Jesus is the Way
Why would it be, as Jesus declares in today’s gospel passage, that “no prophet is accepted in his native place”? “Is this not the son of Joseph?” they ask; in other words, “Doesn’t he put his pants on one leg at a time just like the rest of us?” Not only do the people in Jesus’ home town fail to see beyond the familiar, but when he compares them to widows and lepers passed over by God for their complacency, they plot to at least do harm to him if not outright kill him. So much for “love thy neighbor.”
Speaking of love, this is the proclamation of the famous and cherished passage we heard from St. Paul’s “Letter to the Corinthians” today as our second reading. Not by accident but by providence it holds the key to understanding the resolution of the predicament presented in the gospel. Jesus’ neighbors have clearly become jaded in their attitude and ability to perceive God’s action in their lives; they have ceased “to strive eagerly for the spiritual gifts” and to embrace “the more excellent way”—the way of love. Love, the virtue above all others, is what enables us to rise above complacency, prejudice, and the danger of becoming jaded against God’s desire to relate to us and enter our daily lives.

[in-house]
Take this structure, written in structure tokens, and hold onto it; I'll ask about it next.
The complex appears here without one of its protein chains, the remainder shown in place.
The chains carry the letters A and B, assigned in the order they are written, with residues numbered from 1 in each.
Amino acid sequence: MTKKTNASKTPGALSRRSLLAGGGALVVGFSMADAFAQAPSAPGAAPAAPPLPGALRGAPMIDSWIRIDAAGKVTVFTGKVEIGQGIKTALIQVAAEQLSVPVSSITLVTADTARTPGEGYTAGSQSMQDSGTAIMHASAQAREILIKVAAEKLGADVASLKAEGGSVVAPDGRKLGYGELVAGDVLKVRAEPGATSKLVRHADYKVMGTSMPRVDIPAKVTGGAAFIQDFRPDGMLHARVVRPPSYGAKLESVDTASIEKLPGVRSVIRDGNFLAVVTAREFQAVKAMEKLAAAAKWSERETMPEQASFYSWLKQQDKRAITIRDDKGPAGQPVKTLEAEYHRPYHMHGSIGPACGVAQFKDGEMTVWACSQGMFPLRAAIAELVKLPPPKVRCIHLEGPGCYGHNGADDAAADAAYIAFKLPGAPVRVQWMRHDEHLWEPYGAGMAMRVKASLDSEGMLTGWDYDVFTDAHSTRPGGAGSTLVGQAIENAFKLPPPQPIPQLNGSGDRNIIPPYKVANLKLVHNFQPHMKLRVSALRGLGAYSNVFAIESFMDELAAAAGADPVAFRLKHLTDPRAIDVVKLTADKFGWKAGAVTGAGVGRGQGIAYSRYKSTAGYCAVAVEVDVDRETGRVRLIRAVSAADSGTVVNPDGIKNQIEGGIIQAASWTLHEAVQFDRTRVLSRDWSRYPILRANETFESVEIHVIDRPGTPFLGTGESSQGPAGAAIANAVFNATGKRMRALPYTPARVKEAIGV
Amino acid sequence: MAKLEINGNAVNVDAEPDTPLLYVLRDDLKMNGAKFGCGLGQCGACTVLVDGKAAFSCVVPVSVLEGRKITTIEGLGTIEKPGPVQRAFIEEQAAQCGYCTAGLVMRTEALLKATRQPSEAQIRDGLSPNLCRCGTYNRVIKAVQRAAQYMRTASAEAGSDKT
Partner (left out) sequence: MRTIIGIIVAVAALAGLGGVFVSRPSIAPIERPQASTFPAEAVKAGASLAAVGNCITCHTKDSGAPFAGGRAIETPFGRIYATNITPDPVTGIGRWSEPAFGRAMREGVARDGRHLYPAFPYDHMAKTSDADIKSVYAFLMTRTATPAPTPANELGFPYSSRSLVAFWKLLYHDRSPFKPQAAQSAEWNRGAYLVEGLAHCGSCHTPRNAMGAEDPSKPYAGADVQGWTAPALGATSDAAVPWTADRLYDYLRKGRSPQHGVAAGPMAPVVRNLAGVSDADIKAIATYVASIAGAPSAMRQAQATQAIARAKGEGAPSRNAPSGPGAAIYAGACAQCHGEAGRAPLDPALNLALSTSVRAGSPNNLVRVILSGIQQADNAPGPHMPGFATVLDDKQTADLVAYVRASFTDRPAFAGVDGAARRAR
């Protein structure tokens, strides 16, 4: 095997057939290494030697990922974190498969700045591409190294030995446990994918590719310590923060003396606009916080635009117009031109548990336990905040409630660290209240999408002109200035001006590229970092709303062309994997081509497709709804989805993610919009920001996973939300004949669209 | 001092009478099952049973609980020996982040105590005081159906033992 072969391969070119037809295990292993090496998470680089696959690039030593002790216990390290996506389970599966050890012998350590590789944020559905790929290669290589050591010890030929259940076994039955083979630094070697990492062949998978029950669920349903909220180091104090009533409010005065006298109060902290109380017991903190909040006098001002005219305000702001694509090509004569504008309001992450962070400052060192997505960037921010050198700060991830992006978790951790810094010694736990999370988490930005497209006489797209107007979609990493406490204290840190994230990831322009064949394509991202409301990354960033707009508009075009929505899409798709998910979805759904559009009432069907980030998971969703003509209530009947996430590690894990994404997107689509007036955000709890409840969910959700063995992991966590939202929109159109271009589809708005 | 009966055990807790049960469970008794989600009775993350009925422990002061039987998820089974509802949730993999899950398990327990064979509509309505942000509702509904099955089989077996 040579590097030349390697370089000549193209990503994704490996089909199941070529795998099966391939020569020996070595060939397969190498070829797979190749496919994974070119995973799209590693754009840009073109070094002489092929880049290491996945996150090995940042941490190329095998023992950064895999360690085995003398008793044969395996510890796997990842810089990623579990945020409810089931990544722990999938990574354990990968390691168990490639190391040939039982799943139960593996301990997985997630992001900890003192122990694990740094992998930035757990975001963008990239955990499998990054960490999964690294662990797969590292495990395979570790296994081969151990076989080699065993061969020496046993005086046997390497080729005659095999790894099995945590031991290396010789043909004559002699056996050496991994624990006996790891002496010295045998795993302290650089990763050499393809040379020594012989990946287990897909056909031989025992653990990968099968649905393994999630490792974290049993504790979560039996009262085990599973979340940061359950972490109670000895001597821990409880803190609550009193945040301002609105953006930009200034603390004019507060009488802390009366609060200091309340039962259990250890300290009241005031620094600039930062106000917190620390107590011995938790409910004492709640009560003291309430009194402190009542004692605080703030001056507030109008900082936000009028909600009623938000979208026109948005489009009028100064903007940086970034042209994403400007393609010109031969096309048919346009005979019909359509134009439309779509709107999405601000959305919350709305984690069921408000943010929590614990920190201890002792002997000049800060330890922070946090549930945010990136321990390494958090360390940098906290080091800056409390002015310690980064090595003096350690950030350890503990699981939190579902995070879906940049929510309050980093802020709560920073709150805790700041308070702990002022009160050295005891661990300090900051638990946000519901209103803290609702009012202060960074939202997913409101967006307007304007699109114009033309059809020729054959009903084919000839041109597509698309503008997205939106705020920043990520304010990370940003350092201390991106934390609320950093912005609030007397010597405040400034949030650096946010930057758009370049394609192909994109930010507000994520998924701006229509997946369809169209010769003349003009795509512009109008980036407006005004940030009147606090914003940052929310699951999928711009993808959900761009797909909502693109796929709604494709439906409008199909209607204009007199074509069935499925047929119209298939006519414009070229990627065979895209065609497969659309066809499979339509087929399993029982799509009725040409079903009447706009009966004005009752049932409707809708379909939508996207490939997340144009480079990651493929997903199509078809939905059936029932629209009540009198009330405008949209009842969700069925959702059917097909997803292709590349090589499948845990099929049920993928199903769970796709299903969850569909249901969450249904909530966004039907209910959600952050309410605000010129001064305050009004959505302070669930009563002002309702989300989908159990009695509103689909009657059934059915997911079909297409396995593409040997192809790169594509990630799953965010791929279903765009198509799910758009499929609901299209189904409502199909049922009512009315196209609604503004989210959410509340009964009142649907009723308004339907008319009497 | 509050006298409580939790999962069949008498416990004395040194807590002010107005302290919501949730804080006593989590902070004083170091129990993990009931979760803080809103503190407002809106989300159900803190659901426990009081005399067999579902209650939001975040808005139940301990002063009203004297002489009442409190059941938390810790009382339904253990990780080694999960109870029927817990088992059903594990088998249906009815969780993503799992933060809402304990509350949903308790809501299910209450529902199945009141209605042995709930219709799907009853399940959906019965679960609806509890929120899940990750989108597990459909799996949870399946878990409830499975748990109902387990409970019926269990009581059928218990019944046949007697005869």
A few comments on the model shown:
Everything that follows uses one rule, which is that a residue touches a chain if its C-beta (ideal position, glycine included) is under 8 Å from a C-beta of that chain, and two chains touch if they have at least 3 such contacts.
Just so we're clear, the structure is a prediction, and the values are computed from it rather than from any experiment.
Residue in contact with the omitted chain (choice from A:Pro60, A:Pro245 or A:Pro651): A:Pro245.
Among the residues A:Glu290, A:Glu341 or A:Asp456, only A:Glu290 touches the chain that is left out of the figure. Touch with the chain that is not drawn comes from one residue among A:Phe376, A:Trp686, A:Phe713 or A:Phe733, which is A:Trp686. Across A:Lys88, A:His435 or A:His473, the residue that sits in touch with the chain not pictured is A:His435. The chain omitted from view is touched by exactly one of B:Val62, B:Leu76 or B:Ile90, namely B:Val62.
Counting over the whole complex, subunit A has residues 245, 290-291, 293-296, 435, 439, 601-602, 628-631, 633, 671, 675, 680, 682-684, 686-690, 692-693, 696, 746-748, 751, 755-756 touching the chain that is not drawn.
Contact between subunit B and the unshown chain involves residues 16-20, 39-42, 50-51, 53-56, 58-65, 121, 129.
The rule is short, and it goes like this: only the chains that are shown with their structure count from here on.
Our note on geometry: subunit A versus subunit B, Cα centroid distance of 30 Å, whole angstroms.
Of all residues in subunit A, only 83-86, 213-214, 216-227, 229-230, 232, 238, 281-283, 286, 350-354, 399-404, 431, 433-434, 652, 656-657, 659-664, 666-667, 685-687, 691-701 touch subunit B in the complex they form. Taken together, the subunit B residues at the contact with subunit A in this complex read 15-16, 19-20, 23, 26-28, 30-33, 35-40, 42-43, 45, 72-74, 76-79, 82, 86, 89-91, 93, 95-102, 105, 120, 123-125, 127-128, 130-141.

This past Monday we celebrated the feast of “The Conversion of St. Paul;” this week is Catholic Schools Week. The connection I see with Paul’s conversion and Catholic Schools Week is our call to teach THE WAY. The Acts of the Apostles describes Paul as being converted to “The Way,” and therefore ceasing his persecution of those who were followers of “The Way.” Jesus is “The Way.” Jesus’ Way is a new way—a New Testament! I think it is refreshing to see ourselves as followers of The Way—Jesus, especially in these times of extremists pedaling “their way.” How important it is to understand that in all of our efforts to form all age groups here at St. Rita in Jesus’ Way, his Truth, and his Life.
This Sunday, then, let us “strive eagerly” to understand where “the spiritual gifts” need to be applied in our lives and where love would obviously be “the more excellent way” to handle life’s challenges. What do the words of scriptures say to us today about the world’s problems, about how we could improve as part of “the free world” in our United States, or how we might benefit from applying spiritual gifts and “the more excellent way” to life at home, school, and work?